Article (Published version) (869 Kb) - Limited access to UNIGE
Other version: https://www.tandfonline.com/doi/full/10.1080/15487733.2014.11908121
Complementary currencies: what opportunities for sustainable consumption in times of crisis and beyond?
|Published in||Sustainability: Science, Practice and Policy. 2014, vol. 10, no. 1, p. 4-13|
|Abstract||This article explores contemporary forms of social and solidarity-based economies, commonly known in French as économie sociale et solidaire (ESS). In English-speaking countries, these activities are part of what is being called the human or people-centered economy, or new economics—a growing area of research, policy and practice that is highly relevant to sustainable consumption studies. This article focuses on complementary currencies, or more specifically community currencies, as one aspect of ESS and as illustrated through case studies from Argentina, Japan, and Switzerland. The main research question is how community currencies might live up to ESS guiding principles and help transitions toward more sustainable consumption. Historical, empirical, and theoretical perspectives are discussed. One conclusion is that ESS and complementary currencies tend to make their value system explicit, placing people above profit for example, while “sustainability” continues to struggle with the compatibility of economic growth with social equity and environmental limits. While complementary currencies may not be a magic wand toward sustainable consumption, they are certainly a useful walking stick for steps in the direction of more sustainable pathways.|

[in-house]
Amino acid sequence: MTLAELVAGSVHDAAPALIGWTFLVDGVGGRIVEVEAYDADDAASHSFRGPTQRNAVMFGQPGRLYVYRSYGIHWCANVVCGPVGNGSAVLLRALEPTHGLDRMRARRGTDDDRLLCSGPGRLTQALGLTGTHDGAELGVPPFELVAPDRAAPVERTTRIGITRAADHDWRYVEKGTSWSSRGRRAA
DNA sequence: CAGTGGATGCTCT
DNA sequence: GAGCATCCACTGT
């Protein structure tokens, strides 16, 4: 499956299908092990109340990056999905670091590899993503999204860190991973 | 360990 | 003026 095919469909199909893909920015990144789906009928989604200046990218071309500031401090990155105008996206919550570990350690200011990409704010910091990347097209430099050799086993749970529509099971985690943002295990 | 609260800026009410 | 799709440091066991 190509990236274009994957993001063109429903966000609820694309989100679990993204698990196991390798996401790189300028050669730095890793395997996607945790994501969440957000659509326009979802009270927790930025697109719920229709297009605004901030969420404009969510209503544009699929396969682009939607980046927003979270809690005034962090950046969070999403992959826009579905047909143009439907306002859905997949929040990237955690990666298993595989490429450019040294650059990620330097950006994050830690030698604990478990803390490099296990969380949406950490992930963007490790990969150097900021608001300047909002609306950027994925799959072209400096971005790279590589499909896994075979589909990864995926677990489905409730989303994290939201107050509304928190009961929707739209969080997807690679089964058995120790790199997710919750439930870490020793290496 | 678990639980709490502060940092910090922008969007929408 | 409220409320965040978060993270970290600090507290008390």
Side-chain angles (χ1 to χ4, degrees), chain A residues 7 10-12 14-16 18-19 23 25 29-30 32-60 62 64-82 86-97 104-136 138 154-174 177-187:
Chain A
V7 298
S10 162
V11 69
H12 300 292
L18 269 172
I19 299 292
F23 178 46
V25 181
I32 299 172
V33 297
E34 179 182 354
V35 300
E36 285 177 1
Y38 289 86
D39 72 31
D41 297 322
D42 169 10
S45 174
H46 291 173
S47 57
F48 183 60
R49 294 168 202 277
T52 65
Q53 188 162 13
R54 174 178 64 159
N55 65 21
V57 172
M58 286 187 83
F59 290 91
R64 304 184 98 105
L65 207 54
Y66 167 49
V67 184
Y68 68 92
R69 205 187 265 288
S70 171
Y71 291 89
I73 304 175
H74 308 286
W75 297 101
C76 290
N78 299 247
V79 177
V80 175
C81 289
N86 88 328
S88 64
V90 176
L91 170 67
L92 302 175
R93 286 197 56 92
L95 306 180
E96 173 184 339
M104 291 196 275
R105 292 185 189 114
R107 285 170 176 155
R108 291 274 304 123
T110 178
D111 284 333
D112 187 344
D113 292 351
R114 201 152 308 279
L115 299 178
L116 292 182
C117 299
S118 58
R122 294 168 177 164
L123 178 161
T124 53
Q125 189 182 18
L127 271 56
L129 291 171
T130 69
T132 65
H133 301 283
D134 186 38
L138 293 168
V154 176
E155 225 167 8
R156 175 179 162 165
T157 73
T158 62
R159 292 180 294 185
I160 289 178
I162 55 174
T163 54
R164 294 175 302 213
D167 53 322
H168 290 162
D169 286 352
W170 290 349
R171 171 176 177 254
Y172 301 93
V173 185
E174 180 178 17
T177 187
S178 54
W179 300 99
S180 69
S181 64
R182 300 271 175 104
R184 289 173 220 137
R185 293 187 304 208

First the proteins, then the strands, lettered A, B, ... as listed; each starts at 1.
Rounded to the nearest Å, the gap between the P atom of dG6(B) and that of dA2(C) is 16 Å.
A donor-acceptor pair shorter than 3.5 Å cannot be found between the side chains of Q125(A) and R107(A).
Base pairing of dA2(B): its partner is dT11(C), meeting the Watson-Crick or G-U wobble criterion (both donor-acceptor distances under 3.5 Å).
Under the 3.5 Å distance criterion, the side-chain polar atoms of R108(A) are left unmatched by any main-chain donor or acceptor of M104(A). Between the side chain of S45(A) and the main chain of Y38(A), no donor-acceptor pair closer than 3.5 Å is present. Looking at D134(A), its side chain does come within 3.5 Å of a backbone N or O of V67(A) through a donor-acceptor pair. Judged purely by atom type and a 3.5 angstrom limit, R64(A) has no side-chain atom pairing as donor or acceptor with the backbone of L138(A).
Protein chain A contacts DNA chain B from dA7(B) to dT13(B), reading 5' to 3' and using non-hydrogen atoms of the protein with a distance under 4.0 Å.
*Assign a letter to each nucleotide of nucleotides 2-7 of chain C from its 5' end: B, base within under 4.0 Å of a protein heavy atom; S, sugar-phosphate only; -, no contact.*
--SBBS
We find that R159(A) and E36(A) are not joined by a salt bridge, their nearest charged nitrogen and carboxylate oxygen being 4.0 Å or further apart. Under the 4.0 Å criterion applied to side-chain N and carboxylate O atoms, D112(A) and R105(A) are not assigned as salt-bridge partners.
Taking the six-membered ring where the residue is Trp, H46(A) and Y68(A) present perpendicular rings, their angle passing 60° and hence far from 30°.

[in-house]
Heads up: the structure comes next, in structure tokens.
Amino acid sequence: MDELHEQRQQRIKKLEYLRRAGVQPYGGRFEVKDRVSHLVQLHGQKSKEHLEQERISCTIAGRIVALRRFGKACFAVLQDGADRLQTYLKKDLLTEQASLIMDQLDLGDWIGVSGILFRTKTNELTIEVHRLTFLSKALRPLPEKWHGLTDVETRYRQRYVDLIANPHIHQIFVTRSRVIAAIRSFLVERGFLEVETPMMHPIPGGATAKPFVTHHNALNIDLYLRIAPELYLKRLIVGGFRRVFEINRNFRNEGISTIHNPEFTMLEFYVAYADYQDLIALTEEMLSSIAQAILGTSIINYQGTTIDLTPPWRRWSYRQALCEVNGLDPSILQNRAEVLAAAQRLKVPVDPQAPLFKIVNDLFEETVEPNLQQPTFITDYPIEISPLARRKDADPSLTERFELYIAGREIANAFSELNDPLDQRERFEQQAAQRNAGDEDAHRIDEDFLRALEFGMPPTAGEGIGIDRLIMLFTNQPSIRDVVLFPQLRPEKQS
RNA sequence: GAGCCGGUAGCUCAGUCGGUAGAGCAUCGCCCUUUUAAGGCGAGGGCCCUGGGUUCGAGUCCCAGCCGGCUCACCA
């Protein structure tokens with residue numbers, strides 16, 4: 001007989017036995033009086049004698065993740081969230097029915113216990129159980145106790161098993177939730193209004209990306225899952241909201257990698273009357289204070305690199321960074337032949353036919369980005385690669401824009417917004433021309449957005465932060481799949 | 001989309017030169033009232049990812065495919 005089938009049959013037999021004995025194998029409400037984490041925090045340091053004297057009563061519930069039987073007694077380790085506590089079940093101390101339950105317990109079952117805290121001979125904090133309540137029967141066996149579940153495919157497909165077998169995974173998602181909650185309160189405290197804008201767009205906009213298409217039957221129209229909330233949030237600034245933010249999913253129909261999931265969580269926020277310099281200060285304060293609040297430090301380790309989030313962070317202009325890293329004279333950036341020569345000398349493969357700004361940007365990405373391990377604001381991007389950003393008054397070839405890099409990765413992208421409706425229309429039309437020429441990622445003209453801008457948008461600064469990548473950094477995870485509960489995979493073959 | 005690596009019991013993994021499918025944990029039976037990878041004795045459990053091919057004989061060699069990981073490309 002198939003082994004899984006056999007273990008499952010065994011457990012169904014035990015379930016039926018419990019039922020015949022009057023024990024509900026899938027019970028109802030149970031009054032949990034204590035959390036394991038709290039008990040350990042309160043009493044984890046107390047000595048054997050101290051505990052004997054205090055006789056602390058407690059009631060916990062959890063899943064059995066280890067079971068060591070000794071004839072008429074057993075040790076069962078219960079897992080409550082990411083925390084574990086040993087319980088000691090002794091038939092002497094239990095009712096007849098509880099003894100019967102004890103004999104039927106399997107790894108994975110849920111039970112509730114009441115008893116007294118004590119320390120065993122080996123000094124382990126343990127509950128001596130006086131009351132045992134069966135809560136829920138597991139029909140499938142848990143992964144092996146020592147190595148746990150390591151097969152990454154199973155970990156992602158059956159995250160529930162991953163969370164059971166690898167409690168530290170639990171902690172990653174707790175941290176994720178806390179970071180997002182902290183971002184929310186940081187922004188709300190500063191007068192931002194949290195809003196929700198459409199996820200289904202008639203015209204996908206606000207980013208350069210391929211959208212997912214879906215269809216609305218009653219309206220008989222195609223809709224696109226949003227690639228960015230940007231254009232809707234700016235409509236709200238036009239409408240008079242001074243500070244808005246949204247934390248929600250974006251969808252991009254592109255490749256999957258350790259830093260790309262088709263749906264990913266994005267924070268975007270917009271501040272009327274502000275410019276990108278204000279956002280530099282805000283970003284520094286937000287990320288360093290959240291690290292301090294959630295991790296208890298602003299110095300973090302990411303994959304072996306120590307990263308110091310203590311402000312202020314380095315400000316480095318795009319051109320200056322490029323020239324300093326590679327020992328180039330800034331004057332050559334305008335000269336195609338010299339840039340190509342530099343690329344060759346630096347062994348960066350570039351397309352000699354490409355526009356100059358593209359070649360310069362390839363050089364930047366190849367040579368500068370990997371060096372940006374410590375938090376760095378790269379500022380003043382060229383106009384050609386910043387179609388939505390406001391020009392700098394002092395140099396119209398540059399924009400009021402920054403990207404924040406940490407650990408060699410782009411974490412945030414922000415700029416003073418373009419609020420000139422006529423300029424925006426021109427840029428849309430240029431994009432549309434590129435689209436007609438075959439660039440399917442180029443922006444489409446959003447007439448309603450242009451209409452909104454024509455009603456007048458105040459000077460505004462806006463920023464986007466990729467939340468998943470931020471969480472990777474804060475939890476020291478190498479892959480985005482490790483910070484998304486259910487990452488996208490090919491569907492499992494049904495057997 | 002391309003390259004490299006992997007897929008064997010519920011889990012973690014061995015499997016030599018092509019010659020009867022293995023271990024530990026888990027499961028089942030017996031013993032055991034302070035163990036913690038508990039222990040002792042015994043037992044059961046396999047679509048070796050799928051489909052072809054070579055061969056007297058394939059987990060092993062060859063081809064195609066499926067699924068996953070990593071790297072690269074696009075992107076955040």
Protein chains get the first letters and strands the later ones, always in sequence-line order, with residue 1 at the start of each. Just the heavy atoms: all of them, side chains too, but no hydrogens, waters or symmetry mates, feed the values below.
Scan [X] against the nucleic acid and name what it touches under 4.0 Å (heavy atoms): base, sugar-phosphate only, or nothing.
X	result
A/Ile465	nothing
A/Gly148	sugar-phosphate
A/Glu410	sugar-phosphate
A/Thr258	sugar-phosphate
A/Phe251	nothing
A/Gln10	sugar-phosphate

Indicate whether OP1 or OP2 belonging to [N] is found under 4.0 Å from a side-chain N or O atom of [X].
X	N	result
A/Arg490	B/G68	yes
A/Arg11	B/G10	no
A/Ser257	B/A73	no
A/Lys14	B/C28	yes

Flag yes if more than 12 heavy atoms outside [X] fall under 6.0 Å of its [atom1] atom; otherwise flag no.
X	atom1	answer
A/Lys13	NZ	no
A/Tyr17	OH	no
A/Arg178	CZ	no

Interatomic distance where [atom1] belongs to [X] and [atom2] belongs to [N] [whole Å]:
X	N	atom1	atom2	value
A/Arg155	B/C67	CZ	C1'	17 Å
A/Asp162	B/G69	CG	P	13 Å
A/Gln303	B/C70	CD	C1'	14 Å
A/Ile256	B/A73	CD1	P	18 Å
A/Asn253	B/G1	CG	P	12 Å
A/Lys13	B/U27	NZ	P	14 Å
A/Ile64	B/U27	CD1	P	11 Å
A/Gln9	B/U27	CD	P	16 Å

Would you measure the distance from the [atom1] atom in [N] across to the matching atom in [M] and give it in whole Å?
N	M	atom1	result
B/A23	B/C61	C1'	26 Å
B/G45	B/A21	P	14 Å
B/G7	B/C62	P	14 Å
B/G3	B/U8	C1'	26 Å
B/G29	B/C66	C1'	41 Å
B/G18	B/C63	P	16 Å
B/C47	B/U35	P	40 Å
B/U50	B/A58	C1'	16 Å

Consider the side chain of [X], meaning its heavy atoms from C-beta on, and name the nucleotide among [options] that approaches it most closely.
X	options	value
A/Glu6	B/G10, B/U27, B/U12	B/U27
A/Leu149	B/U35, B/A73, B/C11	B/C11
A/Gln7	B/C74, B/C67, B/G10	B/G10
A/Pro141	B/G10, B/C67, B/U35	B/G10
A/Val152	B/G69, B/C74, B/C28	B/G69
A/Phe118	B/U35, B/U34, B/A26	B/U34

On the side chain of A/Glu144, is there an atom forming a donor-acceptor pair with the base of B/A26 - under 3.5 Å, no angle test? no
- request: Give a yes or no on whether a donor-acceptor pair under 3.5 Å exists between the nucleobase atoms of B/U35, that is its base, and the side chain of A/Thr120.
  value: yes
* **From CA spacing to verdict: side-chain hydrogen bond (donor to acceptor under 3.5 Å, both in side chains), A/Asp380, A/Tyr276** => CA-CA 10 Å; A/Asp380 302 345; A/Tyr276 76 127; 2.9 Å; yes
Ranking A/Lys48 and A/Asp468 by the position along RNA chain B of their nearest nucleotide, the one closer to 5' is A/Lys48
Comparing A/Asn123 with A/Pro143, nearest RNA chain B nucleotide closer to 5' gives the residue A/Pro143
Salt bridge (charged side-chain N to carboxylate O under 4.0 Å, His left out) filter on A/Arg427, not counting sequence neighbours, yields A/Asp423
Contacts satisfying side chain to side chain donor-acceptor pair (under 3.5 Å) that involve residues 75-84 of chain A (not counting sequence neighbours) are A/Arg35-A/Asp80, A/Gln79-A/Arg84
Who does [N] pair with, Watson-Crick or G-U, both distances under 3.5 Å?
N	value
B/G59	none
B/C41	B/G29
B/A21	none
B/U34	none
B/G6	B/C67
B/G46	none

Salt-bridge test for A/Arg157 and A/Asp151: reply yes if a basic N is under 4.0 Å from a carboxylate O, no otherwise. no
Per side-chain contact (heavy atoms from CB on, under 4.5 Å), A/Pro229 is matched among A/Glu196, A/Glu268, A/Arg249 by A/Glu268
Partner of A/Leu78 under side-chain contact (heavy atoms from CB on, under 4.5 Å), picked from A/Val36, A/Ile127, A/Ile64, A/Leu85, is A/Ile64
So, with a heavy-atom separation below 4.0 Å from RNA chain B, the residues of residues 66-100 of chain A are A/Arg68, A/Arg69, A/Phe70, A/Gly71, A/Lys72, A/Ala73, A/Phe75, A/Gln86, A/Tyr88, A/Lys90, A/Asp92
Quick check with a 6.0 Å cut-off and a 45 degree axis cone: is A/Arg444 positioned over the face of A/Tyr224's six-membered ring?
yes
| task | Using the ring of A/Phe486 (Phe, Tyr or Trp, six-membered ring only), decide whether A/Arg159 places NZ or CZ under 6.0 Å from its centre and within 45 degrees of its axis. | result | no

|Keywords||Market economy — Social values — Case studies — Community involvement — Citizenship — Financial management|
|SAHAKIAN, Marlyne. Complementary currencies: what opportunities for sustainable consumption in times of crisis and beyond?. In: Sustainability: Science, Practice and Policy, 2014, vol. 10, n° 1, p. 4-13. https://archive-ouverte.unige.ch/unige:99825|